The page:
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Yale Mental Health and Counseling Director Paul Hoffman announced in an early November email that MHC has expanded beyond the Yale Health building to a space on 205 Whitney Ave.  

In his email, Hoffman wrote that the University has provided MHC with a new temporary space that contains 12 clinician offices and a large room that can be used for group therapy. Eight clinicians will temporarily relocate to the new building. The building opened on Nov. 1 and the first in-person session occurred on Nov. 10. This announcement comes after Hoffman told the News that MHC has seen a record number of students this year. 

“I believe that this expansion is the first step towards improving mental health at Yale,” Gabriella Gutierrez ’23, co-director of Yale Student Mental Health Association, wrote to the News. “Although these steps aren’t the immediate solution towards improving mental health on our campus, they will lay the foundation for future initiatives and hopefully, cause a decrease in the stigmatization of mental health issues.” 

Hoffman explained that the satellite clinic was added to accommodate growth in the staff of MHC. This year, MHC added six full-time staff members. According to Hoffman, the new clinic has two waiting rooms, a reception space, a group therapy room and room for 10-12 clinicians. 

Hoffman added that the expansion was also necessary as the MHC is now allowing students to participate in individual therapy and group therapy simultaneously, whereas previously students needed to choose one or the other. MHC also increased its availability of walk-in intake hours at the start of the semester when demand was at its peak. 

“We are grateful to be able to get a sizable space that allows for a large group of clinicians to be in the same clinic,” Hoffman wrote to the News. “While this space will be temporary while we explore longer-term options, we are excited to be able to expand now to meet the demand increases we are experiencing.” 

Hoffman wrote that the eight clinicians were relocated from the Yale Health building at 55 Lock St. to the new Whitney Avenue center. MHC chose to relocate clinicians with several years of experience at MHC in order to keep newer staff at the Yale Health location.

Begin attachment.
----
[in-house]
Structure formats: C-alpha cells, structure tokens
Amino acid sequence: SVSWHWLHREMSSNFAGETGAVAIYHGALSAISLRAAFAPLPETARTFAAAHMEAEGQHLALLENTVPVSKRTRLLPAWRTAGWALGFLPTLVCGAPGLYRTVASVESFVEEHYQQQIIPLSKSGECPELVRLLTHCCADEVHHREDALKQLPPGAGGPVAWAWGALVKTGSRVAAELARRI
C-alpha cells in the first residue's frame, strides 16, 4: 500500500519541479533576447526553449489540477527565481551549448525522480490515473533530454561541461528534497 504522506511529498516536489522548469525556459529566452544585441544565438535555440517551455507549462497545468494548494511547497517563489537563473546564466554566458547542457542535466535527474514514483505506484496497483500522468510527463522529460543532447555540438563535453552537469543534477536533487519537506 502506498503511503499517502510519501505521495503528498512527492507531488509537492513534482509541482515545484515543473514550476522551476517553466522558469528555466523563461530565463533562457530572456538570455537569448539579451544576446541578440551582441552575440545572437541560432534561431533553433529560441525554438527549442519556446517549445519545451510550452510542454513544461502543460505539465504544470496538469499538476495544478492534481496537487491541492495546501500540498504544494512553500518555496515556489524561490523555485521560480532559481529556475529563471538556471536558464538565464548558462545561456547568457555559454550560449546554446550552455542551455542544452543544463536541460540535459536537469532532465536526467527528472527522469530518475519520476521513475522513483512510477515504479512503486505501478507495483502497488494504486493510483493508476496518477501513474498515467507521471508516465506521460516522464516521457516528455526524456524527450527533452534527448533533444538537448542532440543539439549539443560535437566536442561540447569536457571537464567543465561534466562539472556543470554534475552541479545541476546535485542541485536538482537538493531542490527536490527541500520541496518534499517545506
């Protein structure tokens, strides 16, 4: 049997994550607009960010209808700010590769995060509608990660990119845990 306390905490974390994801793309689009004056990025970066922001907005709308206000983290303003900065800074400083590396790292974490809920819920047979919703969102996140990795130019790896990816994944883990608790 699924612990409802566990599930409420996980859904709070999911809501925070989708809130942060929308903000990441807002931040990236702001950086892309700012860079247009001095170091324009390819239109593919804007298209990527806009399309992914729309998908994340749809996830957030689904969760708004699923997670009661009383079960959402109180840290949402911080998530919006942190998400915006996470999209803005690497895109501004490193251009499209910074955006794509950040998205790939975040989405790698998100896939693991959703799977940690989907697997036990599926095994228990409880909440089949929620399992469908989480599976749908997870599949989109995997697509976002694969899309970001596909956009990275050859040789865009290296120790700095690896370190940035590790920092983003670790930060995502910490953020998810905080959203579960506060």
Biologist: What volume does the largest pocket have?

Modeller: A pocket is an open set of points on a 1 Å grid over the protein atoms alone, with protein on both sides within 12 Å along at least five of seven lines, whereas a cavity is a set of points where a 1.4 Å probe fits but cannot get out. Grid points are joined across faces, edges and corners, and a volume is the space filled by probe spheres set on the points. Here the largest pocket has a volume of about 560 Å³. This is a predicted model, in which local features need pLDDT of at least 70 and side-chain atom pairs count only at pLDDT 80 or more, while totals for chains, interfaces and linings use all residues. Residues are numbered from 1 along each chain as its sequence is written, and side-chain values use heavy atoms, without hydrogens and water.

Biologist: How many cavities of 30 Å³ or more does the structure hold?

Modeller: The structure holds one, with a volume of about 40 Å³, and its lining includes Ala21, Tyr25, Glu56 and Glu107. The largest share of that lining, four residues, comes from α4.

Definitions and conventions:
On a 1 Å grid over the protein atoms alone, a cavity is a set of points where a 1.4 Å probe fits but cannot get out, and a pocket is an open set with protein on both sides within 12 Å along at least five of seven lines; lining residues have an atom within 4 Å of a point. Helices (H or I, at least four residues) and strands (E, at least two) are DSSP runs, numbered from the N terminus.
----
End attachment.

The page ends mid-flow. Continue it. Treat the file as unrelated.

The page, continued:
MHC clinical psychologist Debra Gregory is one of the clinicians who moved to the new location. She wrote to the News that the new building has been comfortable, and she thinks students will enjoy the space because of its large offices with large windows. However, Gregory noted that the new space feels less connected to Yale Health. 

Before the expansion, Gregory added, the lack of room at Yale Health forced MHC clinicians to adapt their daily routines as they returned to in-person appointments.

“Because many of us continued to work from home during the early part of the semester, space was less of an issue,” Gregory wrote to the News. “As we began to return to the office, several of the clinicians were having to share offices and rotate days. Now clinicians are able to have their own office. This will make it easier to begin to do more in-person sessions.” 

CEO of Yale Health Paul Genecin wrote to the News that the new Whitney Avenue location was chosen in collaboration with the Office of the Provost and Yale Facilities. 

However, Genecin added that this location is temporary and will not be able to accommodate the continued growth of MHC staff. 

“There are not many spaces suitable for the privacy and accessibility needs of a mental health program,” Genecin wrote to the News. “205 Whitney was the one space in proximity to the residential student community that could be modified to accommodate our program quickly.”

According to Genecin, MHC is working on finding “more enduring” solutions. The 205 Whitney Ave. site is slated for “other university purposes” in the future, he wrote. 

Gutierrez wrote that expanding resources for mental health support can help break down the stigma surrounding mental health issues, which she said is important in a college environment like Yale where seeking mental health care is “such a common experience.”

“It is important for Yale to provide more spaces for individual counseling and group therapy because mental health is just as important as physical health,” Gutierrez wrote. “By providing more mental health spaces, Yale is promoting a shift towards breaking down the barriers of stigma surrounding mental health issues, which are known to hinder students from receiving the necessary mental health treatment and support.”

Hoffman also emphasized in his email that MHC provides free, confidential mental health treatment with individual therapy, group therapy and medication consultations. 

Students can reach MHC by calling (203) 432-0290 Monday through Friday from 8:30 a.m. to 5 p.m., but should call Acute Care at (203) 432-0123 to speak to an on-call clinician for urgent concerns after hours.

Sarah Cook is one of the University editors. She previously covered student policy and affairs, along with President Salovey's cabinet. From Nashville, Tennessee, she is a junior in Grace Hopper majoring in Neuroscience.